Puʻu Kukui

Puʻu Kukui

Puʻu Kukui

Puʻu Kukui is one of the most noteworthy landmarks located on the Hawaiian island of Maui. As the highest peak of Mauna Kahalawai, Puʻu Kukui stands majestically at a height of 5,788 feet. The name Puʻu Kukui translates to ‘candlenut hill’ in English, an indication of its rich ecological and cultural significance.

The Mauna Kahalawai range, particularly the area encompassing Puʻu Kukui, is considered one of the wettest places on Earth. This high amount of rainfall contributes to the lush biodiversity that thrives in this region. The Puʻu Kukui Watershed Preserve, which is situated on the leeward side of the mountain, is a sanctuary for many native Hawaiian species, some of which are rare and endangered.

Puʻu Kukui’s importance extends beyond its ecological significance. For ancient Hawaiians, it was a place of spiritual significance. They believed that high peaks such as Puʻu Kukui were the dwelling places of their gods and thus held sacred. Today, it remains a place of reverence and respect for locals and visitors alike.

Its geographical positioning also plays a crucial role in Maui’s water system. Many streams and rivers in Maui are fed by the rainwater caught by Puʻu Kukui’s summit and slopes. Consequently, it plays an integral part in supplying water to the residents and agricultural areas of Maui.

Puʻu Kukui is more than just a geographical feature on Maui, Hawaii. Its ecological diversity, cultural significance, and contribution to Maui’s water supply make it an invaluable asset to the island and its inhabitants.

Fast Facts

Country: United States

State/Province: Hawaii

County/Region: Maui

Mountain Range: Mauna Kahalawai, Hawaiian–Emperor seamount chain, Hawaiian Islands

Parents: Hawaiian Islands

Elevation: 5,788 feet / 1,764 meters

Prominence: 5,668 feet / 1,728 meters

Isolation: 21.63 miles / 34.8 kilometers

Nearest Higher Neighbor (NHN): Puu Nianiau

Fun Fact: Puʻu Kukui is the third wettest spot on earth, after the wettest spot which is on Maui, Big Bog, and the second wettest spot, Mount Waiʻaleʻale.

Flora and Fauna

Puʻu Kukui, located in Maui, Hawaii, is a significant biological hotspot that houses an array of unique flora and fauna. This area is renowned for its rich biodiversity, and serves as a natural habitat for many endemic plants and animals, which are exclusive to this region. The richness of Puʻu Kukui’s flora and fauna is a testament to its unique ecological significance and importance in preserving the natural heritage of Maui, Hawaii.

The flora of Puʻu Kukui is characterized by a high degree of endemism. It is home to several plant species that are not found anywhere else in the world. The high rainfall and the diverse range of altitudes in Puʻu Kukui enable these unique plant species to thrive. The forest is dominated by ‘ōhi’a lehua trees and hapu’u tree ferns, both native to Hawaii. Other notable plant species include the Maui hibiscus and the Haha Campanula, which are found exclusively in this region.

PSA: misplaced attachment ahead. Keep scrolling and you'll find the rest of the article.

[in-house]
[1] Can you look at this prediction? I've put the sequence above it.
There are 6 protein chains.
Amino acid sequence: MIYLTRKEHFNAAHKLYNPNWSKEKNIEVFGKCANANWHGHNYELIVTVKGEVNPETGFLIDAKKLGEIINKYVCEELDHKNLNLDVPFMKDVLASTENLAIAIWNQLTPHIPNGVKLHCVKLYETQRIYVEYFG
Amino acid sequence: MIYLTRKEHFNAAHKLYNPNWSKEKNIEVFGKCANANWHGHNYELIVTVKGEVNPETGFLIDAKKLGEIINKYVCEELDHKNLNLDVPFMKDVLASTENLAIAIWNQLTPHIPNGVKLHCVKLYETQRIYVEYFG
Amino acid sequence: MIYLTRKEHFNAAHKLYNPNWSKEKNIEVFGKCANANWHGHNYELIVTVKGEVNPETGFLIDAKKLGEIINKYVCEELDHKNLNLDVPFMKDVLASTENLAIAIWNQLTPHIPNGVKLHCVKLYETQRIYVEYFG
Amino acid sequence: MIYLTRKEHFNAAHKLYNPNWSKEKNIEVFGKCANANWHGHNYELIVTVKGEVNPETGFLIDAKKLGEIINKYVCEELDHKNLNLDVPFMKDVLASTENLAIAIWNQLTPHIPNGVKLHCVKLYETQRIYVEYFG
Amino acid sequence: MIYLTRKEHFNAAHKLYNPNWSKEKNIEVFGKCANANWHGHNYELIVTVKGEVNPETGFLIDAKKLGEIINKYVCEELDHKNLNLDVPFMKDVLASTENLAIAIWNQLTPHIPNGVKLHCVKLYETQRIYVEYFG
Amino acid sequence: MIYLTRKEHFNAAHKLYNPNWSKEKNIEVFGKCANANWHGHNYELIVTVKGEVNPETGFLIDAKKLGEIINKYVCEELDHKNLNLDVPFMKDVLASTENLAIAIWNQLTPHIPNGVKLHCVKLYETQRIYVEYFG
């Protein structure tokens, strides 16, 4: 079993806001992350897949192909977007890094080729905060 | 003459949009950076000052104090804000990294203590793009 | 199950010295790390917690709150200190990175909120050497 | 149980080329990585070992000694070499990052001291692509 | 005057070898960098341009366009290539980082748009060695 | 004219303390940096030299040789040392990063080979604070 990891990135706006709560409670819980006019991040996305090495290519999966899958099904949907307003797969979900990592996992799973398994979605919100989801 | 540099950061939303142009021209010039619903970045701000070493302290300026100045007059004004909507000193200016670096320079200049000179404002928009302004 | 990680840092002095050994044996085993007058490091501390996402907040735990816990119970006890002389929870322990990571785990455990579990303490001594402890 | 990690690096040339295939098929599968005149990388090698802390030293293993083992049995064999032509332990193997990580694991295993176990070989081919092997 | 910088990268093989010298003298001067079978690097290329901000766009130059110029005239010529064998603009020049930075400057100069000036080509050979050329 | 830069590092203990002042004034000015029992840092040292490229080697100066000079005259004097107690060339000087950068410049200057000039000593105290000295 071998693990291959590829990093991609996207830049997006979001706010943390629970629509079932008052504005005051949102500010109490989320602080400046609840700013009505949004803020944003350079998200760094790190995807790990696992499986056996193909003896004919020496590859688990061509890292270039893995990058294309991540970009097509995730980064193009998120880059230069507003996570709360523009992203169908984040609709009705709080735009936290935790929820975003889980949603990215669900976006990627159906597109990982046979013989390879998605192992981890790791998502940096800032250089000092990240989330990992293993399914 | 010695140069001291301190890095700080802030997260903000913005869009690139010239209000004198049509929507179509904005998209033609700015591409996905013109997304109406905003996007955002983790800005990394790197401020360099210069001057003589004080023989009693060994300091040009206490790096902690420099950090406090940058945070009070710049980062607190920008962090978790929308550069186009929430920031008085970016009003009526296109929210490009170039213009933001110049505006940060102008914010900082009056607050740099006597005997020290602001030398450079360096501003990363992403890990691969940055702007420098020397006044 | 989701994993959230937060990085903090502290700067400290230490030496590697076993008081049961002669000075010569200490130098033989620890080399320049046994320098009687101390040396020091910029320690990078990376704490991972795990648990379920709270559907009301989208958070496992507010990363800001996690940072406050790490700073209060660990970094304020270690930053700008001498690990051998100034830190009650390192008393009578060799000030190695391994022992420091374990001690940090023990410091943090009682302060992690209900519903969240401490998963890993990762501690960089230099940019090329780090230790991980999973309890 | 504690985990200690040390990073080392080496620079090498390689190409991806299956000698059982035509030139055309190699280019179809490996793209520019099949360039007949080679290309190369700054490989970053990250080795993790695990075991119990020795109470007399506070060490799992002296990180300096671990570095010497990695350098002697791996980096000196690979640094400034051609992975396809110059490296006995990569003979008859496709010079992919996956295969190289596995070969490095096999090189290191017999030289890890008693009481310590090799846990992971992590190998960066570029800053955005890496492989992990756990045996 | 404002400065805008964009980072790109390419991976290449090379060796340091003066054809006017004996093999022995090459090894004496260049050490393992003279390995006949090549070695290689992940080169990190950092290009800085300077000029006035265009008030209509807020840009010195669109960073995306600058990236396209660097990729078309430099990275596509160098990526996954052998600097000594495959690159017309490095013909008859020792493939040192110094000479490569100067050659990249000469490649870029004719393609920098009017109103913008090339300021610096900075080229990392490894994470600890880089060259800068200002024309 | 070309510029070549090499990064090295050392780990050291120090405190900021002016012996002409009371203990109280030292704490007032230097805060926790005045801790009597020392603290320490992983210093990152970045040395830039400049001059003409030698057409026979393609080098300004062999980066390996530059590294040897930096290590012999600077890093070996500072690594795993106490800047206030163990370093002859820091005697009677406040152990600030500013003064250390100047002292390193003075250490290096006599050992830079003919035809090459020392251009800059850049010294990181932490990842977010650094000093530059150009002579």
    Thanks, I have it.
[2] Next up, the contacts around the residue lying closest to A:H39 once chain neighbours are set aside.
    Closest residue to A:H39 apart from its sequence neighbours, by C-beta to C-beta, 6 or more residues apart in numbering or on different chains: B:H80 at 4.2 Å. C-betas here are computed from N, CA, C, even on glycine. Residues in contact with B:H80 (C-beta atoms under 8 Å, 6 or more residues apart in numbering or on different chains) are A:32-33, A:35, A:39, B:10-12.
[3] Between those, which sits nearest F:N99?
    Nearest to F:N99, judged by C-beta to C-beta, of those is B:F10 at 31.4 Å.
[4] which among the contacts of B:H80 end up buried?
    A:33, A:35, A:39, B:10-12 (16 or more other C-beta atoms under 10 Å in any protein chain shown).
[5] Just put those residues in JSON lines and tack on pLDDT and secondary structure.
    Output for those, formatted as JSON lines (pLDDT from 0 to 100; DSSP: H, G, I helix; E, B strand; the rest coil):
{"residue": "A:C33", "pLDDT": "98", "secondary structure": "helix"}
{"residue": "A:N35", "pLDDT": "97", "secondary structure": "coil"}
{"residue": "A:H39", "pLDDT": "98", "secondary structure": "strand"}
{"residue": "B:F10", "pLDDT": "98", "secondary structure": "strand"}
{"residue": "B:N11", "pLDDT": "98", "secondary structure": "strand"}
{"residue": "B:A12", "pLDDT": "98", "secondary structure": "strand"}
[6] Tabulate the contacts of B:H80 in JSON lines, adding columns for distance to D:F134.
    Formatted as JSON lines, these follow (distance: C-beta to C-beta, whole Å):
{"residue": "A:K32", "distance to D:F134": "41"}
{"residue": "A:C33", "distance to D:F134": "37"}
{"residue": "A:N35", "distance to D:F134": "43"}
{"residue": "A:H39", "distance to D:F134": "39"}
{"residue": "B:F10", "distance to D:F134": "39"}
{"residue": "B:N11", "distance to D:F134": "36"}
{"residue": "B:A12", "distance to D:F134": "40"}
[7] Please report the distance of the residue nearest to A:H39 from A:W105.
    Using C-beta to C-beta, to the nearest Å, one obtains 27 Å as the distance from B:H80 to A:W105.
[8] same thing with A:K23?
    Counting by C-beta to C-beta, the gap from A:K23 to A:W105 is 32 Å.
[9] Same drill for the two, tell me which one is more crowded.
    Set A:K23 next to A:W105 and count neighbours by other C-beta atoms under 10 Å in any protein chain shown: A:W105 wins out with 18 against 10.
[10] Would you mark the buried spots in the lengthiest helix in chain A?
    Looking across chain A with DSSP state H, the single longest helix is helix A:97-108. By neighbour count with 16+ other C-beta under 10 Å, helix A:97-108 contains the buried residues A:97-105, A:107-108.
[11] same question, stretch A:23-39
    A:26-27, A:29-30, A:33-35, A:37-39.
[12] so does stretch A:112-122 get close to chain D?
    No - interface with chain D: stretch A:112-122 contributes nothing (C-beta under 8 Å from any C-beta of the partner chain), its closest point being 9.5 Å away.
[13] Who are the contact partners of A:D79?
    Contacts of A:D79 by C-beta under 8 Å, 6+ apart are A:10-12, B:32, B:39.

The fauna at Puʻu Kukui also boasts a high level of endemism. The forest provides habitat for numerous endemic bird species, such as the Hawaiʻi creeper and the ‘I’iwi bird. These birds play a vital role in the ecosystem by facilitating seed dispersal, thus contributing to the forest’s regeneration. Moreover, Puʻu Kukui is home to several endemic insects and mollusks, highlighting the broad range of biodiversity present in this area.

Puʻu Kukui’s flora and fauna represent a unique ecological system that contributes significantly to the biodiversity of Maui, Hawaii. The conservation of this area is paramount for the preservation of this unique biodiversity. The efforts taken to protect and conserve Puʻu Kukui not only benefits the local ecosystem but also contributes towards global biodiversity conservation efforts. Each species in Puʻu Kukui plays a critical role in maintaining the balance of this complex ecosystem—underscoring the interconnectedness of all life forms within this unique habitat.


Puʻu Kukui, located in the Mauna Kahalawai (West Maui Mountain) range, is a revered destination for trail enthusiasts visiting Maui, Hawaii. The trails near Puʻu Kukui offer some of the most breathtaking vistas and immersive nature experiences that this tropical paradise has to offer. Many of these trails are known not only for their natural beauty but also for their cultural significance, as they traverse areas that were once important to ancient Hawaiian civilizations.

One of the most notable trails is the Pu’u Kukui Trail itself. This challenging and rewarding hike takes you through the heart of the Pu’u Kukui Watershed Preserve, one of the wettest regions on earth. With its diverse flora and fauna, including many rare and endangered species found nowhere else in the world, this trail offers more than just stunning views—it provides a unique and meaningful connection to Maui’s rich biodiversity.

Another worthy trail is the Waihee Ridge Trail. It’s a moderately difficult trail that rewards hikers with panoramic views of central Maui, Haleakala, Molokai, and Lanai. The trail winds its way up through lush forest and offers scenic views of Makamakaole Falls and Waihee Valley, which are sure to leave you spellbound.

Lastly, the Kapalua Coastal Trail is perfect for those seeking a less strenuous hike. This trail hugs the coastline, offering sweeping views of Maui’s pristine beaches and striking cliffs. It’s perfect for bird watching or whale spotting during migration season.

In all, the trails near Puʻu Kukui in Maui, Hawaii offer an engaging blend of natural beauty, cultural history, and environmental education. Whether you’re a seasoned hiker or just someone looking to take in the sights at a leisurely pace, these trails promise an unforgettable outdoor experience.

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